A celebration of the French composer kicks-off a run of major festivals. Christopher Morley finds out what's in store.

Birmingham Conservatoire presents no fewer than three major festivals this term, with a week-long chamber music jamboree beginning on February 13, and this year’s “Frontiers +” week in mid-March celebrating the work of the internationally acclaimed German composer and theatre artist Heiner Goebbels.

Preceding these two events come three days marking the 150th anniversary of the birth of the great and influential French composer Claude Debussy – amazing to realise that someone whose music still speaks with a contemporary voice was born in 1862.

Roy Howat, internationally renowned pianist and Debussy expert, presides over proceedings, including leading two masterclasses with Conservatoire piano students.

This Debussy festival features the composer’s complete solo piano works, Howat himself performing Book Two of the Preludes, students from the Conservatoire and the Junior Conservatoire playing all the rest of this impressive corpus.

But it’s not just about the piano music; there is also a recital of the late sonatas (violin, cello, and the trio-sonata for flute, viola and harp) written during the Great War, and just before the composer’s early death from cancer; and one-time Conservatoire music librarian Robert Allan has devised a “Soiree Debussy”, the composer’s songs in performance from students of the Conservatoire’s Vocal and Operatic Department.

Just down Broad Street and turn left into Berkley Street to the CBSO Centre, a current Conservatoire Ph.D student (and visiting composition tutor) will be hearing an important premiere of his work given by Birmingham Contemporary Music Group tomorrow evening.

‘Findetotenlieder’ by Sean Clancy comes as the culmination of the young Irish composer’s period as Birmingham Contemporary Music Group/ SAM (Sound and Music) Apprentice Composer in Residence during which he has worked closely with BCMG and the American composer David Lang, as well as studying with Howard Skempton and Joe Cutler at the Conservatoire.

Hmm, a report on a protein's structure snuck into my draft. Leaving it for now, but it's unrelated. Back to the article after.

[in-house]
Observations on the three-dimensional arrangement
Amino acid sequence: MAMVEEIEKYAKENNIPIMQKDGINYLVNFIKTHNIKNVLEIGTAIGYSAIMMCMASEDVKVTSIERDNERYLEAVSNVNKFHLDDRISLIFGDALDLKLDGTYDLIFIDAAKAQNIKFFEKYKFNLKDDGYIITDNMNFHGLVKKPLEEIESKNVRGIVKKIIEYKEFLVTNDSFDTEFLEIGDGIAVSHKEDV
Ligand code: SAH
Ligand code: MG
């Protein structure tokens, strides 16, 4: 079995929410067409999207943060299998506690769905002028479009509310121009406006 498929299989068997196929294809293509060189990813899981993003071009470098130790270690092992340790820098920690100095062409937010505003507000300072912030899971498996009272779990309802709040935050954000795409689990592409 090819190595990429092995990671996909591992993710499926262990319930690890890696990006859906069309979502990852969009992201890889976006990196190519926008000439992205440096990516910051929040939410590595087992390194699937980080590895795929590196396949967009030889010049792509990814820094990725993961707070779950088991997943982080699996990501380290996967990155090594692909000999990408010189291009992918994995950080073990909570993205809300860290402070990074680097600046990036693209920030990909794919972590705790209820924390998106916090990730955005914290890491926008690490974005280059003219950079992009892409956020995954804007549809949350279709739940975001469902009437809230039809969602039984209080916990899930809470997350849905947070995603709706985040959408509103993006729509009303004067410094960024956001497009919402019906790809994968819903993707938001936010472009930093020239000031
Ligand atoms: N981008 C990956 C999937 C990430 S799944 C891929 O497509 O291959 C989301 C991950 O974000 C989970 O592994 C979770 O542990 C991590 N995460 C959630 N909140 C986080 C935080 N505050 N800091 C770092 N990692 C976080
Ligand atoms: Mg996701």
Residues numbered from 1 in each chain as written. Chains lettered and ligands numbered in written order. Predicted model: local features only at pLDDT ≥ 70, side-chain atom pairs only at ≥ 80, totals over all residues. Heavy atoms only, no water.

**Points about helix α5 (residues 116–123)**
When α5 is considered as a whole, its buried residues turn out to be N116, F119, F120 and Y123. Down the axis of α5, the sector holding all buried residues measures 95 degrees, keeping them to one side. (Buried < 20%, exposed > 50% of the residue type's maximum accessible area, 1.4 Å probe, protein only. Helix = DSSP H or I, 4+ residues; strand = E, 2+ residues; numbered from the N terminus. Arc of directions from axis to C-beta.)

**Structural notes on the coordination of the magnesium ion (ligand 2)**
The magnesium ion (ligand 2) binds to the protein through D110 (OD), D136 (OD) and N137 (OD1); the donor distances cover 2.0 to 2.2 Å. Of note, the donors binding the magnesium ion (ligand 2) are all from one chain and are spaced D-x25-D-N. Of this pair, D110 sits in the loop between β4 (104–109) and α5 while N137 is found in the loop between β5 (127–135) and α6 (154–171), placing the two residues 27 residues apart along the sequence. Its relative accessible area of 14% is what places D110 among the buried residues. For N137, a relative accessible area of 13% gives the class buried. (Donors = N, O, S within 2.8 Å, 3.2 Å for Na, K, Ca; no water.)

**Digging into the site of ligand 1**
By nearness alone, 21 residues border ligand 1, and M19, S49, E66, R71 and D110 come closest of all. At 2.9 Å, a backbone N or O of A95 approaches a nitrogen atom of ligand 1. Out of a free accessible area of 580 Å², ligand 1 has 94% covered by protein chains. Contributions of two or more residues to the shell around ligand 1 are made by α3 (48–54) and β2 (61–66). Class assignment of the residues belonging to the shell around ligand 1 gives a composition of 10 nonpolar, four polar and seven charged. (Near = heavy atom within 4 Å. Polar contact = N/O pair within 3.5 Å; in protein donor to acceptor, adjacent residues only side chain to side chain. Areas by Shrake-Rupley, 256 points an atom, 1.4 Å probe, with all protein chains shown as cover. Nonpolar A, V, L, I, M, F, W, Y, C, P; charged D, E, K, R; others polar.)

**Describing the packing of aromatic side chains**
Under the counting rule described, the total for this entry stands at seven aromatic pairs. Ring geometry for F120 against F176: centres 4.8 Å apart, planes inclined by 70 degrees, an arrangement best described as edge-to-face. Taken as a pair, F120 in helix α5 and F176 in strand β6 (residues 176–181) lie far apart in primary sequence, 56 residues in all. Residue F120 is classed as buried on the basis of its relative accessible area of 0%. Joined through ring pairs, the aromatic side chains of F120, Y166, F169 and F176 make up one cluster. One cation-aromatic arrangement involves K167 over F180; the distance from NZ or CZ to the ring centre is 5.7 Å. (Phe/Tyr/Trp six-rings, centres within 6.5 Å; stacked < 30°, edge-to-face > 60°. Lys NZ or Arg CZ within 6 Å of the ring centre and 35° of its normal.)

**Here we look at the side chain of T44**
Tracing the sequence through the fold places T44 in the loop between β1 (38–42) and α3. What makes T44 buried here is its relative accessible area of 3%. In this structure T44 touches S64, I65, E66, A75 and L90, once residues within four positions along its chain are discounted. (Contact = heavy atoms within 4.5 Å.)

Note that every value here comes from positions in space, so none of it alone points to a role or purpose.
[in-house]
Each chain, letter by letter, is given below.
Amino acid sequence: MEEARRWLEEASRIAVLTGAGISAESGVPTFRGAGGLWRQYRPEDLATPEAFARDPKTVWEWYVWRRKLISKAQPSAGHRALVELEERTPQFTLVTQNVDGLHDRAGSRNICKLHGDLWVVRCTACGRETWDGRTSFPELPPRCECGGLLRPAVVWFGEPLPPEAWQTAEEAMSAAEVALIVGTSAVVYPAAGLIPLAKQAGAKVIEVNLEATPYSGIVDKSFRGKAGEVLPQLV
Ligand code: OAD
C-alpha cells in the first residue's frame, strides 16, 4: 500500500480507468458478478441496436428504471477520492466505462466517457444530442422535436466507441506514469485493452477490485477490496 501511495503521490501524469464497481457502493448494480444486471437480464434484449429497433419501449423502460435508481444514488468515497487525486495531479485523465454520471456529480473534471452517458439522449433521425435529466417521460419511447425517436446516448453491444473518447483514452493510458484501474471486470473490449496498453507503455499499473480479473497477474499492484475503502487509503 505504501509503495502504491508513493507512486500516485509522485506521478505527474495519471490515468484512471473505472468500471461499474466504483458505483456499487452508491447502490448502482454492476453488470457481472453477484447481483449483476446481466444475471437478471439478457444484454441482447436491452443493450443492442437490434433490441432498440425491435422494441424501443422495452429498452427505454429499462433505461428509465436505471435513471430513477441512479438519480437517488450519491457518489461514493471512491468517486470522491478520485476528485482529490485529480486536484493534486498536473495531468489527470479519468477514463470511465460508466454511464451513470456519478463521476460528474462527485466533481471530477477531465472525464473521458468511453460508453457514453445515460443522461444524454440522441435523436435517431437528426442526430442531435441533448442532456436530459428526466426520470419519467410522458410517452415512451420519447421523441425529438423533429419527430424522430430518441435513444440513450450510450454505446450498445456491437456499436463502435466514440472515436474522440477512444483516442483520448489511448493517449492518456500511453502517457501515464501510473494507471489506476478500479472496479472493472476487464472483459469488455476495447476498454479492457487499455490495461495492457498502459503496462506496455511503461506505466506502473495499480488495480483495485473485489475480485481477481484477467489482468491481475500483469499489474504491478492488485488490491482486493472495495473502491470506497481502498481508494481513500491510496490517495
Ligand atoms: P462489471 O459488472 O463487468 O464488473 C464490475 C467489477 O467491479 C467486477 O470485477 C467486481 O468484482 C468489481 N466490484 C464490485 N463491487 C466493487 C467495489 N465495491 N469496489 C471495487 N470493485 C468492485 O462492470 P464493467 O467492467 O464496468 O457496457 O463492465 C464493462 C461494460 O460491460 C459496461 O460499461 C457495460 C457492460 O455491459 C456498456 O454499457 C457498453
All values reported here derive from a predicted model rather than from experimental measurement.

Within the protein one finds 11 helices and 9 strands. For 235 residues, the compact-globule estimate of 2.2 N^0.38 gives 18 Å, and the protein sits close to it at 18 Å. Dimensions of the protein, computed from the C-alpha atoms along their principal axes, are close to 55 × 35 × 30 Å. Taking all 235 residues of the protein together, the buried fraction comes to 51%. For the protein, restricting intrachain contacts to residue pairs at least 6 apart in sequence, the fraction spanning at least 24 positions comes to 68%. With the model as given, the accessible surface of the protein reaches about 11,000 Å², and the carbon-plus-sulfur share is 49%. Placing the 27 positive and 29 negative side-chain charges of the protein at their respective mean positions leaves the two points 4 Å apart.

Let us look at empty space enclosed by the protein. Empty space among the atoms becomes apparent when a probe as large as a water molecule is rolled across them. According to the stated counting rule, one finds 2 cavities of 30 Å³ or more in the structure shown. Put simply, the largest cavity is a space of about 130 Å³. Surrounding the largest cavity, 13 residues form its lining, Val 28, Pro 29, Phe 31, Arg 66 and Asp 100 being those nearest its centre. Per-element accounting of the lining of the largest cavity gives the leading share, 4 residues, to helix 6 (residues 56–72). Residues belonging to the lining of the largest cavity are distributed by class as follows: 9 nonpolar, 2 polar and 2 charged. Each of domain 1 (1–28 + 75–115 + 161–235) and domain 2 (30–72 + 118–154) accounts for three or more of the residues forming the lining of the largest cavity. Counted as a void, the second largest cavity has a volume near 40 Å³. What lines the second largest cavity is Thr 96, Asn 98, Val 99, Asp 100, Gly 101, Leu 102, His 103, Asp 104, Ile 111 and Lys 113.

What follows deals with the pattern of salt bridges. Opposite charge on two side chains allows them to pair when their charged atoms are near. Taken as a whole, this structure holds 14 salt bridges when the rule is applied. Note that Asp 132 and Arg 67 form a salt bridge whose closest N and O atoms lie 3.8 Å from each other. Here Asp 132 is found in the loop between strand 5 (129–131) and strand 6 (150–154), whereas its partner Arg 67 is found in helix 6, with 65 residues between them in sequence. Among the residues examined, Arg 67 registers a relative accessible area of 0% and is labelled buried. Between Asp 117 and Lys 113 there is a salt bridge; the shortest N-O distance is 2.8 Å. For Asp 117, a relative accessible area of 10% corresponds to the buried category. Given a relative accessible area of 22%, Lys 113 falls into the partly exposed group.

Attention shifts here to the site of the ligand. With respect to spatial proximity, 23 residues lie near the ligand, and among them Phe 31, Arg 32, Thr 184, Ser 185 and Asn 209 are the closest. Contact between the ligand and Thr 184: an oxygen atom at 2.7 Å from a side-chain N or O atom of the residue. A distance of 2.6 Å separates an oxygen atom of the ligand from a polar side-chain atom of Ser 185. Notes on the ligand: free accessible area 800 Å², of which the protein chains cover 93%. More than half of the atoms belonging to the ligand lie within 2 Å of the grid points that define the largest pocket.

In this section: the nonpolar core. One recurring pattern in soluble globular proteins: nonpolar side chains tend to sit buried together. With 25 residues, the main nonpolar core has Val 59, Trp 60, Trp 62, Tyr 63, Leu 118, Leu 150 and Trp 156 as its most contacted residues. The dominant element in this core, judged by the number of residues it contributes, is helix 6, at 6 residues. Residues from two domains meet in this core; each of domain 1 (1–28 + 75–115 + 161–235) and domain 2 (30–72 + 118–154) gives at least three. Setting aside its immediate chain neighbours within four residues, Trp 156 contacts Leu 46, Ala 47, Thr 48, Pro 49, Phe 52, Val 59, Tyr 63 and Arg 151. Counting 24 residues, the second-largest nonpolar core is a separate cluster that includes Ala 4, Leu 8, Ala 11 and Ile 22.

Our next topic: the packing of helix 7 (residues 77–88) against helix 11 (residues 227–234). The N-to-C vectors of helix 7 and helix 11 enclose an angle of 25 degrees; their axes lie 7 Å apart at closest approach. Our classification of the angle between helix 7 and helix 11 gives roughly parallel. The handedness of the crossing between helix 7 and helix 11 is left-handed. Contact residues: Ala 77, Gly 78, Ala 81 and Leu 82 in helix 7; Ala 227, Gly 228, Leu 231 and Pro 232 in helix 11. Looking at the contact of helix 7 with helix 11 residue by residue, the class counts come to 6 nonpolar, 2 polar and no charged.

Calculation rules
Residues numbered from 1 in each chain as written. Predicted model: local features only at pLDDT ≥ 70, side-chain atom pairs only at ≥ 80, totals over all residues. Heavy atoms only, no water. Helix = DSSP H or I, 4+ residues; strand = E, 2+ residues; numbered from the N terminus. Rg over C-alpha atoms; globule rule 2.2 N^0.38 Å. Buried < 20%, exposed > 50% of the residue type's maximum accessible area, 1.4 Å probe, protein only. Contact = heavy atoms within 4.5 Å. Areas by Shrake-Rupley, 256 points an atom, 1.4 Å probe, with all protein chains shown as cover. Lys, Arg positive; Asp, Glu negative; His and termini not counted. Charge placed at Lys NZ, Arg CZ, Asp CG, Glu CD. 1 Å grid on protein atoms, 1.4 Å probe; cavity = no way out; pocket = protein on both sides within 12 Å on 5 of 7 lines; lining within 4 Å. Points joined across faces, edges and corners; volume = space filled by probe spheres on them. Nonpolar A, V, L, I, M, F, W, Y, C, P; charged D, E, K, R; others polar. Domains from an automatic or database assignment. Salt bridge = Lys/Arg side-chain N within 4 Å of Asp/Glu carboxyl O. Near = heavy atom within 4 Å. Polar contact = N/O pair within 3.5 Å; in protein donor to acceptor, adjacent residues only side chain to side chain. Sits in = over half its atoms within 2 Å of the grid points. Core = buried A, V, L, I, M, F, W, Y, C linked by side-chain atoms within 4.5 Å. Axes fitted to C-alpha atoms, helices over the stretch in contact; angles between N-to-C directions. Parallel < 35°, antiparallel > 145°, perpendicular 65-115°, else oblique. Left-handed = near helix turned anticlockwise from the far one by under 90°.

There is a huge allusive pun in the title, with resonances of the obvious ‘Kindertotenlieder’, Mahler’s “Songs on the death of children”. But there is more to Clancy’s composition than that, drawn as it is from Gabriel Orozco’s artwork ‘Obit’. Recently exhibited at Tate Modern, ‘Obit’ is an installation based on single lines taken from obituaries published in the New York Times, and hence the multilayers of Clancy’s title as he composes a song which sets these “found objects”.

Clancy describes his approach to the creation of ‘Findetotenlieder’: “By intervening upon Orozco’s ‘Obit’ I’m offering an alternative existence for the work, one in which its function moves from a piece of art to be viewed in space, to one which should listened to in time.

“A facet of this is that I’ve had to arrange the order of the specific lines that the audience is to hear, so I’ve edited 729 lines of text down to 30 lines and divided them up into six individual sections or verses.”

‘Findetotenlieder’ is also loosely based on the pop song ‘Someone Great’, as Sean explains:

“’Someone Great’ is a song by the American dance punk group LCD Soundsystem. It’s a song that deals with death, but treats the theme quite ambivalently – in my opinion.

"All my music over the past number of years has dealt with the popular music that has influenced me whilst growing up to some extent, and I suppose it could be considered a kind of musical psychoanalytical exercise.

“I’ve essentially taken the structure of ‘Someone Great’ and elongated it in ‘Findetotenlieder’, along with certain features of the song including a tiny motivic fragment, in addition to one feature of the song’s orchestration. All elements have however been utterly transformed, and the inner material of ‘Findetotenlieder’ actually bears no resemblance to ‘Someone Great’ at all.”

The result is an extended song in six verses with instrumental interludes. Soprano Susan Narucki is the soloist, and Clement Power conducts.

The rest of this BCMG programme is also based on “found objects”, beginning with Judith Weir’s ‘Musicians Wrestle Everywhere’ (a quotation from Emily Bronte), a sound-picture of the composer’s urban environment in London SE17, and premiered by BCMG as long ago as 1995.

Gerard Grisey’s ‘Four songs to cross the threshold’ draws on poems of Christian, Egyptian, Greek and Mesopotamian origin telling of the passage from life to death, and Gerald Barry (who has taught Sean Clancy in the past) is represented by his ‘Feldman’s Sixpenny Editions’, alluding to the popular sheet music the composer used to collect as a boy.

And Barry will have a much bigger performance on April 28, when BCMG is conducted by Thomas Ades at Symphony Hall, Birmingham in his new opera ‘The Importance of Being Earnest’.

* Birmingham Conservatoire’s Debussy Festival begins on February 8 (10am).

Details on 0121 245 4455.

BCMG at the CBSO Centre, Berkley Street Birmingham on February 3, 7.30pm (pre-concert interview with Sean Clancy 6.30pm).

Details on 0121 740 4050.